Smith & Wesson have applied the Bodyguard name to a variety of lightweight wheel guns over the past 50 or 60  years. The latest iteration of the Bodyguard brand again includes a light weight revolver but also, cleverly, a light  weight pistol (offering something for everyone).

The Bodyguard 380 pistol and Bodyguard 38 Revolver were both designed with similar objectives in mind. Both are  lightweight compacts, both are chambered in low-powered .38 caliber cartridges, both have a similar black finish  and, notably, both come standard with a built-in laser sight.

The laser sight is a feature S&W will be marketing heavily. The INSIGHT manufactured lasers feature ambi control, constant and pulse modes, windage and elevation adjustment and three hour continuous operation.

This pistol is a brand new design. It is lightweight at 11.85 ounces, although not quite as light as the Kel-Tec P-3AT which weights in at just 8.3 oz. Its polymer frame with integral laser has a cool futurist look to it.

It is double action, has an external safety and can hold 6+1 rounds of .380 ACP ammunition.

The Bodyguard 38 is a lightweight J-Frame with aluminum/polymer frame and steel cylinder. While less exciting than the above autoloader, it is a decent compact revolver. It features an ambidextrous cylinder release on top and fully enclosed hammer for snag-free drawing. The laser is mounted on the left side (laser switch is mounted on top for ambidextrous use).

First, the basics, it is a five-shot, 38 Special revolver that is rated for +P ammunition.  The hammer is full concealed, and the gun is double action only.  The gun is black with a grip.  At first glance, it looks a lot like a model 442.  But, this revolver is actually very different.

The Bodyguard 38 is a polymer framed revolver, the first ever by Smith & Wesson.  This means that Smith had to go back to the drawing board to design this firearm.  The lower frame (roughly from the rear of the cylinder back), is polymer, while the upper frame (surrounding the cylinder and housing the barrel) is aluminum.  As you might expect, the revolver is very light, weighing only 14.3 ounces.

A significant change on the Bodyguard 38 is the relocation of the cylinder release.  Instead of being mounted on the side of the frame, the release has been moved to the top of the frame, where an exposed hammer would normally be.  Since the cylinder release is along the midline of the revolver, it is now ambidextrous.

Speaking of the cylinder, one of the problems sometimes cited by owners of Smith & Wesson J-frames, is the extractor rod is too short to reliably eject fired brass.  This is an annoyance at the range, but a possible deadly problem in a self defense shooting.  While not full length, the rod on the Bodyguard 38 is noticeably longer to provide a more sure ejection of spent cartridges.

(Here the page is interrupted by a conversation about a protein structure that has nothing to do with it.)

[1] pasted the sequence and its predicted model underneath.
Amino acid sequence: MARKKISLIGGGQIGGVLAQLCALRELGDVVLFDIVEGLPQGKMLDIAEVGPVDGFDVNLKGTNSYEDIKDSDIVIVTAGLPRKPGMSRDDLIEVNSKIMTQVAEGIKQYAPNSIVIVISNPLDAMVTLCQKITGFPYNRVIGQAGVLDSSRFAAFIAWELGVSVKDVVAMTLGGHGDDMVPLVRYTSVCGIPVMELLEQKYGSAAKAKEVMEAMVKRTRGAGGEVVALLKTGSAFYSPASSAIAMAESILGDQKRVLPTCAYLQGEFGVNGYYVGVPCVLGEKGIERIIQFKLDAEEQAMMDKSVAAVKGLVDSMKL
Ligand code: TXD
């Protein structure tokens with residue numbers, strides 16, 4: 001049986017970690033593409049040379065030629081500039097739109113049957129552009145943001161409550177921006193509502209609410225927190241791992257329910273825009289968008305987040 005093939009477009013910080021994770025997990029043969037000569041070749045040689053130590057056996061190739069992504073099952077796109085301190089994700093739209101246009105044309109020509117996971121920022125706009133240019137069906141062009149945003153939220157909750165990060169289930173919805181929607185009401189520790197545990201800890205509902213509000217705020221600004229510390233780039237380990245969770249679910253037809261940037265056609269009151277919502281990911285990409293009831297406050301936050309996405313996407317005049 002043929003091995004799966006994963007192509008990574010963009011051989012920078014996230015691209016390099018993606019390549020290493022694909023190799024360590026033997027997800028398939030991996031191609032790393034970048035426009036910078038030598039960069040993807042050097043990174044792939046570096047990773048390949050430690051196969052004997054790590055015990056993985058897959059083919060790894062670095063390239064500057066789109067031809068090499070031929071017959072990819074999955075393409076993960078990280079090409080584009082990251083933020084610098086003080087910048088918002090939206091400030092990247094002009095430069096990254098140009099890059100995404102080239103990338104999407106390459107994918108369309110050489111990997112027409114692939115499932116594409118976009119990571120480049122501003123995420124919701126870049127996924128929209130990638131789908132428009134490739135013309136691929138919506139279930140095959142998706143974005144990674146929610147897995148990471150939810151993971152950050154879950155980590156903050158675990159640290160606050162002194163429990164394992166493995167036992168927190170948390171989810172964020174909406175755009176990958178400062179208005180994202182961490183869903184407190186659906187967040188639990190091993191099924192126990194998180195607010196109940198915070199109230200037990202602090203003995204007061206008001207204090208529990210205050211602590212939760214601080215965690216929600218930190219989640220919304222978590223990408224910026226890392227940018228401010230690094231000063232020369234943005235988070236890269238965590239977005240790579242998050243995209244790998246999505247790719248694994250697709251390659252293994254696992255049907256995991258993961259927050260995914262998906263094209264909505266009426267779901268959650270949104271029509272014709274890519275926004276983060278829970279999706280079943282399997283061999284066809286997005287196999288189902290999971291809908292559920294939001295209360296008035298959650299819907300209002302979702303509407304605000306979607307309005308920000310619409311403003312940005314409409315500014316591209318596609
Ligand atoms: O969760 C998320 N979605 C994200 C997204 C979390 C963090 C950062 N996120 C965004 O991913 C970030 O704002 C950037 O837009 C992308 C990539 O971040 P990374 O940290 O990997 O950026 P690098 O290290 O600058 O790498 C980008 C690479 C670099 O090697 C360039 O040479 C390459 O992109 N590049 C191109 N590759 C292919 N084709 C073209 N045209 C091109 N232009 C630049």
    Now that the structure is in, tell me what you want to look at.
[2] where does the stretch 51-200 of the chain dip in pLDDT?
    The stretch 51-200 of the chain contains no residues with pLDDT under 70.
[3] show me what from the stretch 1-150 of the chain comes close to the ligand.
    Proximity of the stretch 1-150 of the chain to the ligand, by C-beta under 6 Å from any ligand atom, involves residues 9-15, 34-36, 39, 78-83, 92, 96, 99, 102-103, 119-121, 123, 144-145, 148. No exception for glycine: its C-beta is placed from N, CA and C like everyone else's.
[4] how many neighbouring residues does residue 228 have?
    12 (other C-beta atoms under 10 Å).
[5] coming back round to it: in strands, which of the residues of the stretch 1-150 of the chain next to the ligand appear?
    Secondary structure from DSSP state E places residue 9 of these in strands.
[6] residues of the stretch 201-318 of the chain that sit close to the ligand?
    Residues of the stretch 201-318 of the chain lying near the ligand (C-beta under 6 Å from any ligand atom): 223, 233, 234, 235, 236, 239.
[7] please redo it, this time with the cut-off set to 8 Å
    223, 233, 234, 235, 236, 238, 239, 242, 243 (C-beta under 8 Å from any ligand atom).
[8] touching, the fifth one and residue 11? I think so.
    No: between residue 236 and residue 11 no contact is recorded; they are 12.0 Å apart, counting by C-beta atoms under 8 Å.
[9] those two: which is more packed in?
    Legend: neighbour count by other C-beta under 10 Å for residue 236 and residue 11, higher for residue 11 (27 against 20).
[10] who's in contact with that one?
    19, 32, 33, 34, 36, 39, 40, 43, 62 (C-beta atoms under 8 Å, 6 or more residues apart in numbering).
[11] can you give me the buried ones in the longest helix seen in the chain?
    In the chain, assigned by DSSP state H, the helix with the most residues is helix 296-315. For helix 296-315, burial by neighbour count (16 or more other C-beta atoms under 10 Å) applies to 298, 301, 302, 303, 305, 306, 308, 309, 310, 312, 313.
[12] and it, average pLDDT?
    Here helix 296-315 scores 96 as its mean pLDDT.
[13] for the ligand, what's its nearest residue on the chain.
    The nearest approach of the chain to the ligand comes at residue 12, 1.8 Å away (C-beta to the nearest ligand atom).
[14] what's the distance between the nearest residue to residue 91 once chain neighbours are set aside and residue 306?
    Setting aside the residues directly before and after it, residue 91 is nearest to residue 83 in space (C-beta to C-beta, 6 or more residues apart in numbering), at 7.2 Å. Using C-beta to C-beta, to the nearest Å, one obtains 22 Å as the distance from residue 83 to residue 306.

Smith and Wesson lists the barrel length as 1.9″.  Traditionally, S&W has listed the barrel length of their “snubbies” at either 1 7/8″ (1.875″) or 2″.  I assumed that Smith was rounding up the 1.875″, but the company rep insisted the barrel length was exactly 1.9″.

Sights are fixed and black.  The rear notch seems wider than the notch on the 442/642, but that is my impression only.  I didn’t measure them, and the Smith rep was not sure.

Significantly, the Bodyguard 38 ships with an integrated laser from Insight Technology.  The red laser mounts high and back on the right side of the frame.  The laser is adjustable for drift and elevation.  Two laser modes are offered: steady and pulse.  To activate the laser, the shooter my turn the unit on by pressing a button on the unit.

What I am curious about is the collaboration with Insight on the development of this revolver.  Smith & Wesson has offered Crimson Trace Lasergrips on many of their models, and I would have assumed they would bring CT in on this type of project.  However, according to an Insight rep I spoke with, Insight worked hand-in-hand with Smith to develop this gun.

While I think lasers can be useful in certain circumstances, I do not know how useful this laser unit will be, as an extra step is required to activate it.  Most self-defense shootings happen very quickly, and I am not sure that someone would have the time to click it on in its current configuration.

Heading to the range to try both of these now.  A range review will be added shortly.